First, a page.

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Ann N Y Acad Sci. 2004 Dec;1036:167-80.

Epigenetic programming of stress responses through variations in maternal care.

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McGill Program for the Study of Behavior, Genes and Environment, Douglas Hospital Research Centre, McGill University, Montreal, Canada.


Early life experiences shape an individual's physical and mental health across the lifespan. Not surprisingly, an upbringing that is associated with adversity can produce detrimental effects on health. A central theme that arises from studies in human and nonhuman species is that the effects of adversity are mediated by the interactions between a mother and her young. In this review we describe some of the long-term effects of maternal care on the offspring and we focus on the impact of naturally occurring variations in the behavior of female rats. Of particular interest are mothers that engage in high or low amounts of licking/grooming (LG) and arched-back nursing (ABN) of their pups, but do so within the normal range for this species. Such variations in LG-ABN can alter the function of the hypothalamic-pituitary-adrenal (HPA) axis, and cognitive and emotional development by directly affecting the underlying neural mechanisms. At the heart of these mechanisms is gene expression. By studying the hippocampal glucocorticoid receptor gene, we have identified that maternal care regulates its expression by changing two processes: the acetylation of histones H3-K9, and the methylation of the NGFI-A consensus sequence on the exon 1(7) promoter. Sustained "maternal effects" appear elsewhere in biology, including plants, insects, and lizards, and may have evolved to program advantages in the environments that the offspring will likely face as adults. Given the importance of early life and parent-child interactions to later behavior, prevention and intervention programs should target this critical phase of development.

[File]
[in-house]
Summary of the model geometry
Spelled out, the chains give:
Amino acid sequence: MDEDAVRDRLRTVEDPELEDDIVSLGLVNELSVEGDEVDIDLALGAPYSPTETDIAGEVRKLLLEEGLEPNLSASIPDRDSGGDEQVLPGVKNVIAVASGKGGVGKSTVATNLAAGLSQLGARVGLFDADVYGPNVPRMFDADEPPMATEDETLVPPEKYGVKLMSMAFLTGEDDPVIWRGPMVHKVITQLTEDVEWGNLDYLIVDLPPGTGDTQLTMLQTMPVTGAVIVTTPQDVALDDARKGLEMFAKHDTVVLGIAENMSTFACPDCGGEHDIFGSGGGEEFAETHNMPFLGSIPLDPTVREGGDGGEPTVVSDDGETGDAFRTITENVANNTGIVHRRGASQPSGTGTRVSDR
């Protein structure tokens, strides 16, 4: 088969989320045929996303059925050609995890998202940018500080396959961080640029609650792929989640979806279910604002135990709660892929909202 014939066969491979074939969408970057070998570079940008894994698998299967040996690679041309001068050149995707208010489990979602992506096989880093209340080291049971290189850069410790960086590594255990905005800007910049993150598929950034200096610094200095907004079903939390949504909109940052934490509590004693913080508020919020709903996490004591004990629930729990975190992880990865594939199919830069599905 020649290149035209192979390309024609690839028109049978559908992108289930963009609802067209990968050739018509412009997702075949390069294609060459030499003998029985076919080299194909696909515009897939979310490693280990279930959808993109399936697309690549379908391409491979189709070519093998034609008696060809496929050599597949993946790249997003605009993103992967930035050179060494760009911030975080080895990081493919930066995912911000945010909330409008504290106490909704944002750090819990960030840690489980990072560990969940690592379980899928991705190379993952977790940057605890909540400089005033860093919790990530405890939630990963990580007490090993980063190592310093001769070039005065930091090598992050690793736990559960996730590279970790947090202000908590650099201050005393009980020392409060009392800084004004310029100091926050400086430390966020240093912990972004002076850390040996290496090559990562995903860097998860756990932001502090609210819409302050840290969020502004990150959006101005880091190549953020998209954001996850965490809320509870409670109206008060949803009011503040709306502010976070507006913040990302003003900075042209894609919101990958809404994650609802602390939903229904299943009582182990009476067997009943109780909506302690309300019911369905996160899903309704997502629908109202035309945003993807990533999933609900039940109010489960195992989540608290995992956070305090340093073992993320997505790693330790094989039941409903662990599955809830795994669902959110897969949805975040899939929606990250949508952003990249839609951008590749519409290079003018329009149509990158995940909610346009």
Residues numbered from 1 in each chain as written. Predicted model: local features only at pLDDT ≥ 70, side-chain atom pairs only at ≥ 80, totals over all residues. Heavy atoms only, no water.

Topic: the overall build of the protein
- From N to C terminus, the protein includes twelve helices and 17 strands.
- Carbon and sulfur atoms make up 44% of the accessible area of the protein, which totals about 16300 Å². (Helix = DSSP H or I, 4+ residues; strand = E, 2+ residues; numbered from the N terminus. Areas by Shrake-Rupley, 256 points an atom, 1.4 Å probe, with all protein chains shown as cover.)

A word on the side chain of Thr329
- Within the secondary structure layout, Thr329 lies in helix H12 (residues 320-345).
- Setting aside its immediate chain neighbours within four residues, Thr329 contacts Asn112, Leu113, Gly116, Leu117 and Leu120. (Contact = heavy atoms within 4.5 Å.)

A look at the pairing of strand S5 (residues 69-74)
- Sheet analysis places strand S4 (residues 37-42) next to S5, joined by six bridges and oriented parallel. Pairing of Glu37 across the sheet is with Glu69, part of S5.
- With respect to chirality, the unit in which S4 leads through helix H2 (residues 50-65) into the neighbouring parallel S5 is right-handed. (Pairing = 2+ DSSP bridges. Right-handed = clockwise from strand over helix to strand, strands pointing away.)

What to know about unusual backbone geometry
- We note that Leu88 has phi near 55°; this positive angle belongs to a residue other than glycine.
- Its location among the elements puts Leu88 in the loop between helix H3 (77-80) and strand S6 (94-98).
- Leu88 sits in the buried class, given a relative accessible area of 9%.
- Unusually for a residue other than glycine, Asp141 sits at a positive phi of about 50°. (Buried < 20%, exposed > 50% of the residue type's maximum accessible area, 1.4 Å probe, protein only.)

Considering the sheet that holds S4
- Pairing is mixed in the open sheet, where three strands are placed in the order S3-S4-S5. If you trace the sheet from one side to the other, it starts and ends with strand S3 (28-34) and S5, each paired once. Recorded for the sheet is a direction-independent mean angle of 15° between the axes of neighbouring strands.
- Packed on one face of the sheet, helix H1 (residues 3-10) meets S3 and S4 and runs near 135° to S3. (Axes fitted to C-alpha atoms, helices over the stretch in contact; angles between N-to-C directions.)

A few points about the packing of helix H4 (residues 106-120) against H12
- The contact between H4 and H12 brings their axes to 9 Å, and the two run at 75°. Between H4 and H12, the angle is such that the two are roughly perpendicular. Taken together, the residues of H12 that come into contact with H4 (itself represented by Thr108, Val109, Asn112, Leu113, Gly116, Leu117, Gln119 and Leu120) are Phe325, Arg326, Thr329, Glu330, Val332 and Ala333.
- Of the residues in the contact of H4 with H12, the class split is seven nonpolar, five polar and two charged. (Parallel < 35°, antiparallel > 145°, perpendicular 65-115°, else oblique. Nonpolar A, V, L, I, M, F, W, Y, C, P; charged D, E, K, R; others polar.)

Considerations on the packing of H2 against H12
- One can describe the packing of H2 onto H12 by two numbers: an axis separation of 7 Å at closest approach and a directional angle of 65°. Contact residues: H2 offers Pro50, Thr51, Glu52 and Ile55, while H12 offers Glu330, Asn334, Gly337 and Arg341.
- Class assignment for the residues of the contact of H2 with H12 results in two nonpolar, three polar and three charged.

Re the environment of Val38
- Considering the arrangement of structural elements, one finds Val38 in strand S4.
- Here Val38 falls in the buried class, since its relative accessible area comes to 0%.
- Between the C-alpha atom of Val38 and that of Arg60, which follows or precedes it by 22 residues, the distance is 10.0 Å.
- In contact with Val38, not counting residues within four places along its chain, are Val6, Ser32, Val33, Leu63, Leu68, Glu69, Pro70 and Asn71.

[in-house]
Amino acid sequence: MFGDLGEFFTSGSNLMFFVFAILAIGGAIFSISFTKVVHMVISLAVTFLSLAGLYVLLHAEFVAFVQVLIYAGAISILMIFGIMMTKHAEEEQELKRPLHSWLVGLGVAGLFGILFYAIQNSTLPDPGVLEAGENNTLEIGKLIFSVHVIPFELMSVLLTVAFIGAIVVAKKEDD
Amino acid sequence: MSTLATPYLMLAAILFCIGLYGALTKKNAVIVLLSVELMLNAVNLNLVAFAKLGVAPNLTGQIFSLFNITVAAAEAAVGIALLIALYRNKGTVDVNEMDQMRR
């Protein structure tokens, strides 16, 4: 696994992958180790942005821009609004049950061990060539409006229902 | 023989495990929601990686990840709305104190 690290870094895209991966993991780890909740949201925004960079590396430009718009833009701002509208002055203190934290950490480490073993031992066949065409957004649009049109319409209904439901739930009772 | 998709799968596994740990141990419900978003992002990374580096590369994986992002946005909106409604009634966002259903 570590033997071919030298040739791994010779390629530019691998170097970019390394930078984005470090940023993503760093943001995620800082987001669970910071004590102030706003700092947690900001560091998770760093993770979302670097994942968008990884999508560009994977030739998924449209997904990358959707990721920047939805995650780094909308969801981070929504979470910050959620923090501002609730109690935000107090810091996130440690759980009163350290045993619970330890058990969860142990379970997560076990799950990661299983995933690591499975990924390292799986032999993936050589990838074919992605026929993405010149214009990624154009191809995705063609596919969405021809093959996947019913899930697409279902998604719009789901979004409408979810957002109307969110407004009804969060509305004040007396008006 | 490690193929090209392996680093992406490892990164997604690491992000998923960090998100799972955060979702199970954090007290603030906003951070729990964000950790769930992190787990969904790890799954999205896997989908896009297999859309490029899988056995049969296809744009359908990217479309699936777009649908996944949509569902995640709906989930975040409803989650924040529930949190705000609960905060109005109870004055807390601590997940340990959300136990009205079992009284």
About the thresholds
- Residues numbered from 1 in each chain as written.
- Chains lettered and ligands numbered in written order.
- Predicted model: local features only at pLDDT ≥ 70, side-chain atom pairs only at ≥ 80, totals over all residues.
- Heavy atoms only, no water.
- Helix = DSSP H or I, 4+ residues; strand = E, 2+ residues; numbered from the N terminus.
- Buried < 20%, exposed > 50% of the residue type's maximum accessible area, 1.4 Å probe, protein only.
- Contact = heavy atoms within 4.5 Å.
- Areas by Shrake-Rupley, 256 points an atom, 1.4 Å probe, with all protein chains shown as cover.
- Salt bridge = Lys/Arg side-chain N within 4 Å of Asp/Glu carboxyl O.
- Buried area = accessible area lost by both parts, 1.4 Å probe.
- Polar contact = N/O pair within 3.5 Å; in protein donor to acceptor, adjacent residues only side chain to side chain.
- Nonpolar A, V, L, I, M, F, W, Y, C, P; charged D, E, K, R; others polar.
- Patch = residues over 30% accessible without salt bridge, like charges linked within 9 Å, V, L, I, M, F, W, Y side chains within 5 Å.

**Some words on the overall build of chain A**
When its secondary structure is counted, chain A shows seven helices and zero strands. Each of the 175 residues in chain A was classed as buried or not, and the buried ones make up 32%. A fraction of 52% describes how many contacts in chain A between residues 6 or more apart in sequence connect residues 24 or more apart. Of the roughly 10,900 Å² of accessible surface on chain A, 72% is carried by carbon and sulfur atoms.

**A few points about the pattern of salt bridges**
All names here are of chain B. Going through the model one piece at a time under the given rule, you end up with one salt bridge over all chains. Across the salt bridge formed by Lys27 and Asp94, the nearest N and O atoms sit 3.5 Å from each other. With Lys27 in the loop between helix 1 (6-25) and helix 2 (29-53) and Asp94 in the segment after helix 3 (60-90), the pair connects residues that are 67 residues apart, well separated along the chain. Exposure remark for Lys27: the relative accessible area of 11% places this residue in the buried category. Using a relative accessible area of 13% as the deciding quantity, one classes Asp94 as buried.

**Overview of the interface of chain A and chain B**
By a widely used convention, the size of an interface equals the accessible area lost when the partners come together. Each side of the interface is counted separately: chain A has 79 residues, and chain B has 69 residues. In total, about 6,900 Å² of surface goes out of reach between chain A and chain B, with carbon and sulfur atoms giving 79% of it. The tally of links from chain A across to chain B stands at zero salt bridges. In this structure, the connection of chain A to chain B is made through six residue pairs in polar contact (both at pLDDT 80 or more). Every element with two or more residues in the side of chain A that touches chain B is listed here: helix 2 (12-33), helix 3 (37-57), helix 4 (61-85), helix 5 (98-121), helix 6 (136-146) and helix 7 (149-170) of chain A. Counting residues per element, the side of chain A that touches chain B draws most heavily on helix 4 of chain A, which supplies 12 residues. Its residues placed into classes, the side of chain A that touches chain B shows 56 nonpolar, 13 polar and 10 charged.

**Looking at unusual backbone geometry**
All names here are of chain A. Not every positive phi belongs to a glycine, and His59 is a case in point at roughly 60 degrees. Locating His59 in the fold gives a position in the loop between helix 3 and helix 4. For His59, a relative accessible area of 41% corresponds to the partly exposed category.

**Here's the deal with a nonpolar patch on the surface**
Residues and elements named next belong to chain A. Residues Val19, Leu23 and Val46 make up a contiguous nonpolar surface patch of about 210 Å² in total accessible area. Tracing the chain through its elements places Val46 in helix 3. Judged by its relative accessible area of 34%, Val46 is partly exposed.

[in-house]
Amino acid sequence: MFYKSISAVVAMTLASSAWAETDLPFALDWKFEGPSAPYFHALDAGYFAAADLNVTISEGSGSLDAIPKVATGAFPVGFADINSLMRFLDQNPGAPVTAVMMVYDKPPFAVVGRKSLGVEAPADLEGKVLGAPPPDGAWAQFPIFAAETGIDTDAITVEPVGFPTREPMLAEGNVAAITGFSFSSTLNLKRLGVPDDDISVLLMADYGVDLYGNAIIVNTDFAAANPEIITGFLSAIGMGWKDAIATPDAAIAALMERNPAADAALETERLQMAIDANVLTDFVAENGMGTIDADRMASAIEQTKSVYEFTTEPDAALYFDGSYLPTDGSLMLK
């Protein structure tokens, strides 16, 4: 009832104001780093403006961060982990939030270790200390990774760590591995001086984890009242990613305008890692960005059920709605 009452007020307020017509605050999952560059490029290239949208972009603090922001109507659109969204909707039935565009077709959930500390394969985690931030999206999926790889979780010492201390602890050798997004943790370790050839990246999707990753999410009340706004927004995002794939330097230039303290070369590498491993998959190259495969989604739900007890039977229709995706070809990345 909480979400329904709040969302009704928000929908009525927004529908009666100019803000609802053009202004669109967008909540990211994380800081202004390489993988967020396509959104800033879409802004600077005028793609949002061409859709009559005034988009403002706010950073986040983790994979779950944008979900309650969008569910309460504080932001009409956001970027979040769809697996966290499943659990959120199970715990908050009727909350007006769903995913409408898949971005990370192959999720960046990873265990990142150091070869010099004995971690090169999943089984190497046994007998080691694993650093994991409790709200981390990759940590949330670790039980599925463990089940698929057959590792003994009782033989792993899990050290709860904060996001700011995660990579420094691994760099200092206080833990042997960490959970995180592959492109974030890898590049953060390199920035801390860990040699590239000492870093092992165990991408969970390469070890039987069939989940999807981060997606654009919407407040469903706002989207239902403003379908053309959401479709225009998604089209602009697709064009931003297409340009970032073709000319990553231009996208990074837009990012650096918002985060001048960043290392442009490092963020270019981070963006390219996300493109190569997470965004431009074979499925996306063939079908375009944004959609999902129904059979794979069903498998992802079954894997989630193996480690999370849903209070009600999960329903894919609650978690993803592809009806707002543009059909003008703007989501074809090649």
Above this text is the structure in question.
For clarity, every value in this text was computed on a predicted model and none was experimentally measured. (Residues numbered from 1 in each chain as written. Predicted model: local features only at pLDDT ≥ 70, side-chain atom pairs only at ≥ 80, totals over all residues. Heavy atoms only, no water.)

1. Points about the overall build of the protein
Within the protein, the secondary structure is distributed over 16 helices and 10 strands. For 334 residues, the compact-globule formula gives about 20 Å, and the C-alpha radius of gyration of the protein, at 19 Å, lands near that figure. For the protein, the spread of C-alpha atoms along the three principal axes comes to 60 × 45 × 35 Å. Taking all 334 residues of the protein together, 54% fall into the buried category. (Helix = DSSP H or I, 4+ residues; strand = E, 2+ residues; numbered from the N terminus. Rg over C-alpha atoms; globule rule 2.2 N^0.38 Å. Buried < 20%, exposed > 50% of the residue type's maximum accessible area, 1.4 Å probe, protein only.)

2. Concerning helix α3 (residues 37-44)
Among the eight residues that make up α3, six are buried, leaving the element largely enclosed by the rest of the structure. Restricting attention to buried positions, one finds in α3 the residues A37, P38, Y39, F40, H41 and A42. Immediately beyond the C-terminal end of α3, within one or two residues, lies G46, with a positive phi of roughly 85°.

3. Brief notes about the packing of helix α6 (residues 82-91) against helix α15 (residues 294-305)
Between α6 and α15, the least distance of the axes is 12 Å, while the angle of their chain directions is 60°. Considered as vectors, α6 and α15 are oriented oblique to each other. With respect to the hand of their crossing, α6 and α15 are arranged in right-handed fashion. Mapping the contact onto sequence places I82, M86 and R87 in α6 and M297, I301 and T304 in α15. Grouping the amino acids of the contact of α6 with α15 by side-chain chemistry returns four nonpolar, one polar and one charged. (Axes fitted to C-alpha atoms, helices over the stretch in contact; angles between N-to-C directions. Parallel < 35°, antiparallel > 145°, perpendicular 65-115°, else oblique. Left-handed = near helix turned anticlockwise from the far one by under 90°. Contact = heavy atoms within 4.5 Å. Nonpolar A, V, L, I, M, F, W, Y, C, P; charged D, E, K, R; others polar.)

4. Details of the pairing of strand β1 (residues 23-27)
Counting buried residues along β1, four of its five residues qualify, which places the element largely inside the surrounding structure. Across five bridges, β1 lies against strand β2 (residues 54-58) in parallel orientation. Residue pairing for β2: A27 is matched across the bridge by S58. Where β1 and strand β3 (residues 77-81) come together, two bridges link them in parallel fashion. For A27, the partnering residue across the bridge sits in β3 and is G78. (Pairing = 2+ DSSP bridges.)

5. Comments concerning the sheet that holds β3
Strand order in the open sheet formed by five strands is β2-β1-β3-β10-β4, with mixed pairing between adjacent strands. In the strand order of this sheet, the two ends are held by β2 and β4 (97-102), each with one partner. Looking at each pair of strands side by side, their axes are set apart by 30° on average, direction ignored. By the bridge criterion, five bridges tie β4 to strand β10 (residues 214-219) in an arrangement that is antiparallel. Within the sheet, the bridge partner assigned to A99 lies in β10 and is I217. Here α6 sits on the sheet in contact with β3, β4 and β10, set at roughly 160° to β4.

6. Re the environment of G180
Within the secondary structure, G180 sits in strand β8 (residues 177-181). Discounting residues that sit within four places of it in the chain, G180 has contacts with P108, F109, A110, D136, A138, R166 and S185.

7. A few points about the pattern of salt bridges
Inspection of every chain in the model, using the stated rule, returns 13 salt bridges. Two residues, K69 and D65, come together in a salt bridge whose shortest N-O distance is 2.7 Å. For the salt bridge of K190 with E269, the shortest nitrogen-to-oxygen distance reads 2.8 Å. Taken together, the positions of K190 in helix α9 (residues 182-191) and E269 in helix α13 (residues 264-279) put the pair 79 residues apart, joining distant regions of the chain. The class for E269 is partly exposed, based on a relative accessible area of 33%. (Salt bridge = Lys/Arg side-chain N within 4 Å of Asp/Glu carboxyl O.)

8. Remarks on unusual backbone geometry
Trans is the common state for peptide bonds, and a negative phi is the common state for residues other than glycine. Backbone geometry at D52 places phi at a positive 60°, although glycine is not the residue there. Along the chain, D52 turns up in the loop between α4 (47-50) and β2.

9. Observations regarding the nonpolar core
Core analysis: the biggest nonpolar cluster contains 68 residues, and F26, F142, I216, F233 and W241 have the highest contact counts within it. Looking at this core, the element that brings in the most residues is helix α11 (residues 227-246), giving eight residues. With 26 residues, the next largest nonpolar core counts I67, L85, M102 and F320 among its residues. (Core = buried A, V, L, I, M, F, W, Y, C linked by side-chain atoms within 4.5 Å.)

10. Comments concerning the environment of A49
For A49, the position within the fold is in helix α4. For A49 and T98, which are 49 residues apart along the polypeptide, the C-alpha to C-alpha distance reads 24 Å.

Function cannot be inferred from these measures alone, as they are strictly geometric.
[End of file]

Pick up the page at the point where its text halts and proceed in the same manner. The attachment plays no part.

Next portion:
[Indexed for MEDLINE]

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